What is it like to live in a historic Hawaii home?
Homes on the Historic Register are beautiful relics of an older Hawaii, but what are they like to actually live in?
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Old homes might be brimming with character, but they also might have creaky floors and leaky ceilings, or maybe drafty windows and high utility costs. Maintaining a historic home in keeping with its original intent can be costly—and tax credits and incentives only go so far to offset the expense of hiring skilled craftsmen and replacing decades-old elements.
But for many, the appeal of living in a vintage home outweighs any of the disadvantages owners might face—there are more than 250 designated historical residences on Oahu alone. We talked to two historic-home owners who like having their houses listed on the state register, and one who hasn’t yet been convinced to take the plunge.
Lives in: The Ida MacDonald Residence
Address: 2243 Mohala Way, Manoa
Architect: Lewers & Cooke
Style: Craftsman bungalow with Dutch Colonial elements
Linda LeGrande, a fiscal education secretary for Punahou School, has lived in her historic Manoa home for 35 years.
“It needed love and attention and I just enjoy the aesthetics of an older home,” LeGrande explains. The house had been a rental property for 40 years, with all the wear and tear that entails, but LeGrande’s husband at the time was a restoration contractor, so the couple felt up to the task—especially for this three-bedroom home on Mohala Way. “I’d always wanted to live in a house on a hill,” LeGrande says.
When her home was built, in 1926, Manoa wasn’t as crowded, and owners still had a choice of location. Looking out at the valley from her deck, she says, “It’s like a little respite here.”
For 18 years, LeGrande has served on the board of Malama Manoa, a two-decade-old community organization founded to preserve the architecture and older homes in Manoa, while also protecting the valley’s environment, history and sense of community. “It all works with why I live in this house,” LeGrande says. “It’s sort of a mission of mine to see that we keep many of these houses.”
LeGrande’s home—a Craftsman bungalow—was originally owned by Ida MacDonald, a teacher from Nova Scotia. “It was a very modest home for a school teacher,” she says, pointing out that the shingle-style home’s rooms aren’t very large and the ceilings aren’t particularly high. It belies the common perception of historic homes as grand estates. LeGrande points out that as many as half of the homes on the register, including her own, are valued at less than $1 million.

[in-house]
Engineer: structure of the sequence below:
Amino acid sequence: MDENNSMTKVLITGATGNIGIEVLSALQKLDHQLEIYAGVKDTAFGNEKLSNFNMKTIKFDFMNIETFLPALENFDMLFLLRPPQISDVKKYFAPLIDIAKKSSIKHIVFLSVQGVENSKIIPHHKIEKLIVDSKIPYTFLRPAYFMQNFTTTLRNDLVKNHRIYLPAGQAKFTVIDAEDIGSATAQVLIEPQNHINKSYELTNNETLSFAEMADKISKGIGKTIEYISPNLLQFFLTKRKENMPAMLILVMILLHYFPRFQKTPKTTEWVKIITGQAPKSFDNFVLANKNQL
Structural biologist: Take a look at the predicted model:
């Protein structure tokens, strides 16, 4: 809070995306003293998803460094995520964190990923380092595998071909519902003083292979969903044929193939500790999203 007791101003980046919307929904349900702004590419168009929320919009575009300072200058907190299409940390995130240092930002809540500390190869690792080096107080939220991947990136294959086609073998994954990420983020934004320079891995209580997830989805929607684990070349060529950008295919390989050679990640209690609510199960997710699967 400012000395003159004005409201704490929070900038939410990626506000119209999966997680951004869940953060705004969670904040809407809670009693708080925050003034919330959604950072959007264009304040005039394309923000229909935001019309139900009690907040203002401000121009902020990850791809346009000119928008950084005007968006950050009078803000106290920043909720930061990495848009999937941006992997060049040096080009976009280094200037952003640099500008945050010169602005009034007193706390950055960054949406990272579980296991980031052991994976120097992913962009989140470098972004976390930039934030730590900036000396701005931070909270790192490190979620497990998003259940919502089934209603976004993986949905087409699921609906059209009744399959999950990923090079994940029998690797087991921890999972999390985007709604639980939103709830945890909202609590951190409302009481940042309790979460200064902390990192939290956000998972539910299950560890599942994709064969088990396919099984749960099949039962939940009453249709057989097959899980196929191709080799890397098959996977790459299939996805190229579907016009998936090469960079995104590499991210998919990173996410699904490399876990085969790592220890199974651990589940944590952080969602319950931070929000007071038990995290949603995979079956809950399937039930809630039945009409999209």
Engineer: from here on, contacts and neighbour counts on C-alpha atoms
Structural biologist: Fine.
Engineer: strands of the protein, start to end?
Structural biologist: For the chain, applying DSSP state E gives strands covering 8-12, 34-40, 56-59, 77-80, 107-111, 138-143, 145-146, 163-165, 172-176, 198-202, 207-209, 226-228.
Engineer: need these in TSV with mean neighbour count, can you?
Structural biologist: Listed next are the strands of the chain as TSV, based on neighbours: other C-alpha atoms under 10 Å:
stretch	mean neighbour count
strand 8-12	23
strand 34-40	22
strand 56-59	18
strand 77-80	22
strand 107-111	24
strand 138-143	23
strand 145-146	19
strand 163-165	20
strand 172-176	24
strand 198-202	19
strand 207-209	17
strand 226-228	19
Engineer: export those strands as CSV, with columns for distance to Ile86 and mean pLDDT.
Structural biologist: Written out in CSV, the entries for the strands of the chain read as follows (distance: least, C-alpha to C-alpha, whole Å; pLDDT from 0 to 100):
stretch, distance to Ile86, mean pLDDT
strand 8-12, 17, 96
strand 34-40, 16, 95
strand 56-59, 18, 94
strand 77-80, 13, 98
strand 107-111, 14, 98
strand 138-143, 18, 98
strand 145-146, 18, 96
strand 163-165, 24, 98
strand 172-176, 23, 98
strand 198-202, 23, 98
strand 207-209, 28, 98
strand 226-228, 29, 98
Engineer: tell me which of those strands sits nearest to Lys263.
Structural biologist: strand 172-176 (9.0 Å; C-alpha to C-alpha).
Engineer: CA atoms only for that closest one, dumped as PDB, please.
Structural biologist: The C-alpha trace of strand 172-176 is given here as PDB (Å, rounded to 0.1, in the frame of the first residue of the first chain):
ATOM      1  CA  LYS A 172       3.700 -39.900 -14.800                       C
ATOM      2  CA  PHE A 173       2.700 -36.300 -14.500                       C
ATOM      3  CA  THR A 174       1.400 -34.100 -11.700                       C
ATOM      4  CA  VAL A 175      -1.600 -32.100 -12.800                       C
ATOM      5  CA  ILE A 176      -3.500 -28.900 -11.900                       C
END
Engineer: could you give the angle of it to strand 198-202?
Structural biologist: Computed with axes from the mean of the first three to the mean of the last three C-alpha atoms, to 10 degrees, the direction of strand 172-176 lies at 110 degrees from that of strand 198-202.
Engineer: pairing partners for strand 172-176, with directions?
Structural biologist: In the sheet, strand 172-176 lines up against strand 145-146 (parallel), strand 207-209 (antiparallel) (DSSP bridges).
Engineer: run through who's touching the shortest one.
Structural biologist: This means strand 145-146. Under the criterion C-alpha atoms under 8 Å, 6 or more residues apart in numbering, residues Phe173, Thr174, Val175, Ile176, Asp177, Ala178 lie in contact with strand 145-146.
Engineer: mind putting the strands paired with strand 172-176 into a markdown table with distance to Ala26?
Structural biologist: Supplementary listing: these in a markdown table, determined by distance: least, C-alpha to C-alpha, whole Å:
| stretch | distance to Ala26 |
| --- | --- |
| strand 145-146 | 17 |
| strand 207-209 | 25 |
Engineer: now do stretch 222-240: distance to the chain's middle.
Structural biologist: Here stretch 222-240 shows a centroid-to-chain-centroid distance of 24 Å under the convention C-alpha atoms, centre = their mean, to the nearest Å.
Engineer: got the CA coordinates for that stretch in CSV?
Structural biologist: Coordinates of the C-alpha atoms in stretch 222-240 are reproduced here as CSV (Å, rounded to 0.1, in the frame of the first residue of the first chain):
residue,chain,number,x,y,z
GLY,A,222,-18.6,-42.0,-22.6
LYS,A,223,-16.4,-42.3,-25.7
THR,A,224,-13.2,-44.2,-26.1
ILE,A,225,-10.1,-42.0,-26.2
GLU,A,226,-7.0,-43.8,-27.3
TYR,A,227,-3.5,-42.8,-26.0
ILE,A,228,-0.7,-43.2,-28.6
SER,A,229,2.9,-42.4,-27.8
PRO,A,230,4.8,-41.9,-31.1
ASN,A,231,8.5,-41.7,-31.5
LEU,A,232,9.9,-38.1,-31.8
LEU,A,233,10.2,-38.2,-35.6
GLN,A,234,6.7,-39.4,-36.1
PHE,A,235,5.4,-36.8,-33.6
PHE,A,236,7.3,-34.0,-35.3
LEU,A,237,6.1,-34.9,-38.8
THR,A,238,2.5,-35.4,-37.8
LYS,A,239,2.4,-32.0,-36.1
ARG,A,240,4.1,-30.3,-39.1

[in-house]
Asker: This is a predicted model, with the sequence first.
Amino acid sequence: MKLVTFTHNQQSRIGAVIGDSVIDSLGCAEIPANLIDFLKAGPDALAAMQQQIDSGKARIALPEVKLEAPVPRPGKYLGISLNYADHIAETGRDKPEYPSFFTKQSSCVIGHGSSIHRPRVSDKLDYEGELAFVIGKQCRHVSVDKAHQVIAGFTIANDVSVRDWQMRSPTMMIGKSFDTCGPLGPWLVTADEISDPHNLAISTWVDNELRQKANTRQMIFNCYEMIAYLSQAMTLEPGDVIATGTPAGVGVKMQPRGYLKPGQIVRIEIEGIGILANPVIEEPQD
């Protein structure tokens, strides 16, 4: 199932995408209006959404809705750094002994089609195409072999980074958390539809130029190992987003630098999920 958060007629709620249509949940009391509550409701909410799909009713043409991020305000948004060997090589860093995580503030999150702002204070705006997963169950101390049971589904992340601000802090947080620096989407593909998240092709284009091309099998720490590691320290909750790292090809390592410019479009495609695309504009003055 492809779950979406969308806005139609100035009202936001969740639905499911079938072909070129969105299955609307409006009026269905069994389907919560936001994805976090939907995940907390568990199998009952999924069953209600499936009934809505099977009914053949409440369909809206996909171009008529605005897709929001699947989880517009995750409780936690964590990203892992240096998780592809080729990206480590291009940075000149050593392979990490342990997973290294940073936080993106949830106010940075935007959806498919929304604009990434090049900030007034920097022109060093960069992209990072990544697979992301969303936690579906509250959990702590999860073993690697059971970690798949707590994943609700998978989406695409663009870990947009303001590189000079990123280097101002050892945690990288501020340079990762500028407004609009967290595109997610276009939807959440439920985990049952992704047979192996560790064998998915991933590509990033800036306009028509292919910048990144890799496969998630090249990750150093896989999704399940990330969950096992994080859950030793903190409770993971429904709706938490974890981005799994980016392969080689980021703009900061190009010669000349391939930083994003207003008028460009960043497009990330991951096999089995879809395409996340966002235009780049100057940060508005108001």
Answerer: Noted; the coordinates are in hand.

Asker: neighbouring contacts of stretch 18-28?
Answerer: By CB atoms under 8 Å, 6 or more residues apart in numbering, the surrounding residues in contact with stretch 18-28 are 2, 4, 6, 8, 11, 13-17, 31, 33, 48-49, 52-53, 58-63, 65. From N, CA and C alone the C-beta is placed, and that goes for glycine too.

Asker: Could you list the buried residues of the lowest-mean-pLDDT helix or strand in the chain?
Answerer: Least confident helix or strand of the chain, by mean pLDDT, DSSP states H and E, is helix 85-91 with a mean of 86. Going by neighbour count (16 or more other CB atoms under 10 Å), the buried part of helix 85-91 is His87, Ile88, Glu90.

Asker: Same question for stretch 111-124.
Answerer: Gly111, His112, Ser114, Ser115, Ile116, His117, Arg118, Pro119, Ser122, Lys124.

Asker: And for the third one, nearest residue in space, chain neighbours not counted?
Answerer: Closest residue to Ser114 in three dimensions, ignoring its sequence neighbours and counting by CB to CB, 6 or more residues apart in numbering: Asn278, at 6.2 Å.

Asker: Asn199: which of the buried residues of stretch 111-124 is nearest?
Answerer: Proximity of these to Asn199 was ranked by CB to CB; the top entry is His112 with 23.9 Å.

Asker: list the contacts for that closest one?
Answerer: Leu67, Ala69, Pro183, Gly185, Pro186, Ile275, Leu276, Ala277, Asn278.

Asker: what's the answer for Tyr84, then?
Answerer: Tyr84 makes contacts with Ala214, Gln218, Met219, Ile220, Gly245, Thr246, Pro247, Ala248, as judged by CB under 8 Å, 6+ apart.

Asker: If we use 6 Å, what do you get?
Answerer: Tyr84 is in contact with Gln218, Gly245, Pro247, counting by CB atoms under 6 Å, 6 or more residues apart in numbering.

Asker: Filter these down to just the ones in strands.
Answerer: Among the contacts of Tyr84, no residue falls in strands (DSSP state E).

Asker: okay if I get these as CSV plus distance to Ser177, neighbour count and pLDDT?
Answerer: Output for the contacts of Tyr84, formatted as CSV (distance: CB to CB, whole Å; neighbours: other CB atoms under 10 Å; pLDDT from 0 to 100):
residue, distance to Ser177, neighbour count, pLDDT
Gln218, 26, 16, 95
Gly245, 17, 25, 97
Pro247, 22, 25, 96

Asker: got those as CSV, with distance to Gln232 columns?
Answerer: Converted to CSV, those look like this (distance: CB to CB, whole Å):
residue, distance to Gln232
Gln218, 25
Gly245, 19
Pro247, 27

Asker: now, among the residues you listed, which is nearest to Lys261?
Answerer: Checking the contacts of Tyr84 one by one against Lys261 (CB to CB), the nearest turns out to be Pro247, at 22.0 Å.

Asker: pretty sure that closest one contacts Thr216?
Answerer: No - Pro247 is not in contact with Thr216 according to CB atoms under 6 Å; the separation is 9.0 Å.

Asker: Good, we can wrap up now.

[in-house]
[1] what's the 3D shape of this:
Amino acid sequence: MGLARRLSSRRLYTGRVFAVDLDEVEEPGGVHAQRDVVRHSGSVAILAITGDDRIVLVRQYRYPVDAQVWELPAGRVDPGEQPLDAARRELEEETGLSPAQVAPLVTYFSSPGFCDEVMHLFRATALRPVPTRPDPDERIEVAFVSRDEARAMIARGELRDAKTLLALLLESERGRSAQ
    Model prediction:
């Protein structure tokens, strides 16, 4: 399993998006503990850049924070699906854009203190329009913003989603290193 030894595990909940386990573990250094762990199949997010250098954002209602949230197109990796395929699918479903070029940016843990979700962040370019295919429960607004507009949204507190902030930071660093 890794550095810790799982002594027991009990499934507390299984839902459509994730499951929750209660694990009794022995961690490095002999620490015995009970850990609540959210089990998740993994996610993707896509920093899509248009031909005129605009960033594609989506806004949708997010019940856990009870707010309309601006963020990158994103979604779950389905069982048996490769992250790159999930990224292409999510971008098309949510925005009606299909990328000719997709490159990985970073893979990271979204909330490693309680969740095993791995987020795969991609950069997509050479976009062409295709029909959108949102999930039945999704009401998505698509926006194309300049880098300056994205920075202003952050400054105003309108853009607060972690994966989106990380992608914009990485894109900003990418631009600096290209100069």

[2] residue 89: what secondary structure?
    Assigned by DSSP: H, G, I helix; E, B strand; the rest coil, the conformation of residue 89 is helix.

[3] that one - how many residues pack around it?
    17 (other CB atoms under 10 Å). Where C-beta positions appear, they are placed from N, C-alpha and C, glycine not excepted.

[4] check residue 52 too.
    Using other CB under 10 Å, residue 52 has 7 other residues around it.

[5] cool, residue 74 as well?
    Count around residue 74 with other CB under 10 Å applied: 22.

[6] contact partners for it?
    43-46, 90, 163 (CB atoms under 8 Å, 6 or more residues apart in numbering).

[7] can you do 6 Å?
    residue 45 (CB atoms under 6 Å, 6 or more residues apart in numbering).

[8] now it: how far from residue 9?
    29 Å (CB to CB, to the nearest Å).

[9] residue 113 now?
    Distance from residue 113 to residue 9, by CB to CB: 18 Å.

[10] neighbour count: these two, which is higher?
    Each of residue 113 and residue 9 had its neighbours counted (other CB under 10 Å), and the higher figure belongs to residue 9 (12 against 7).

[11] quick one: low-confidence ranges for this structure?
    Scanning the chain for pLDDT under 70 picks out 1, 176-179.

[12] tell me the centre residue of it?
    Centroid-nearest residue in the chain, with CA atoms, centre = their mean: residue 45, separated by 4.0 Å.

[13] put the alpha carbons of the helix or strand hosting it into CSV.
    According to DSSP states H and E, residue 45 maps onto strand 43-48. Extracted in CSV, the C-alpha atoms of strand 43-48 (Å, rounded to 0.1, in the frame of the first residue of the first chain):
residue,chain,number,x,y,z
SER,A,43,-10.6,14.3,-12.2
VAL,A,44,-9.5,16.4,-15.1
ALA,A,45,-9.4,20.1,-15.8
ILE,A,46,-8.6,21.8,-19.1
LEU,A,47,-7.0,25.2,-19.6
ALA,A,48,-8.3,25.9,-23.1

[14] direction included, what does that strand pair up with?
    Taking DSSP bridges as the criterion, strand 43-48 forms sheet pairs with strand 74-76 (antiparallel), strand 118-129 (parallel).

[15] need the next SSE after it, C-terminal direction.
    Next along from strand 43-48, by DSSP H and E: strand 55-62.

The home’s exterior is full of character, with features such as complicated patterns, a chimney, dormers and gables. Even before the home was placed on the Hawaii Register of Historic Places, LeGrande kept the exterior intact to preserve a sense of the home and the original intent for which it was built. “I wouldn’t want it any other way,” she says.
Inside, the kitchen has been redone, but that’s the only major change to the structure, LeGrande says. In fact, the kitchen still has a vintage gas stove.
Inside and out, LeGrande’s home is an exercise in reducing, reusing and recycling. “It’s a challenge to not get anything too contemporary,” she says, pointing to her computer as an exception. Otherwise, the art, fixtures and even collectibles are in keeping with the home’s era.
The result is a charming home with a warm, welcoming kitchen and dining area, perfect for entertaining. “I love having my girlfriends over. We just sit and kibitz for hours,” LeGrande says.
She’s salvaged bricks from an old bus station for the garden. She’s made stairs out of old curbs—there’s even some red paint from a no-parking zone. Brackets from another old home in Manoa have been turned into a wine rack. Cabinets and door faces were once in a school in Nuuanu. Even the glass in the kitchen cabinets was salvaged.
“I’m a real scavenger,” LeGrande says. “My life is a treasure hunt.”
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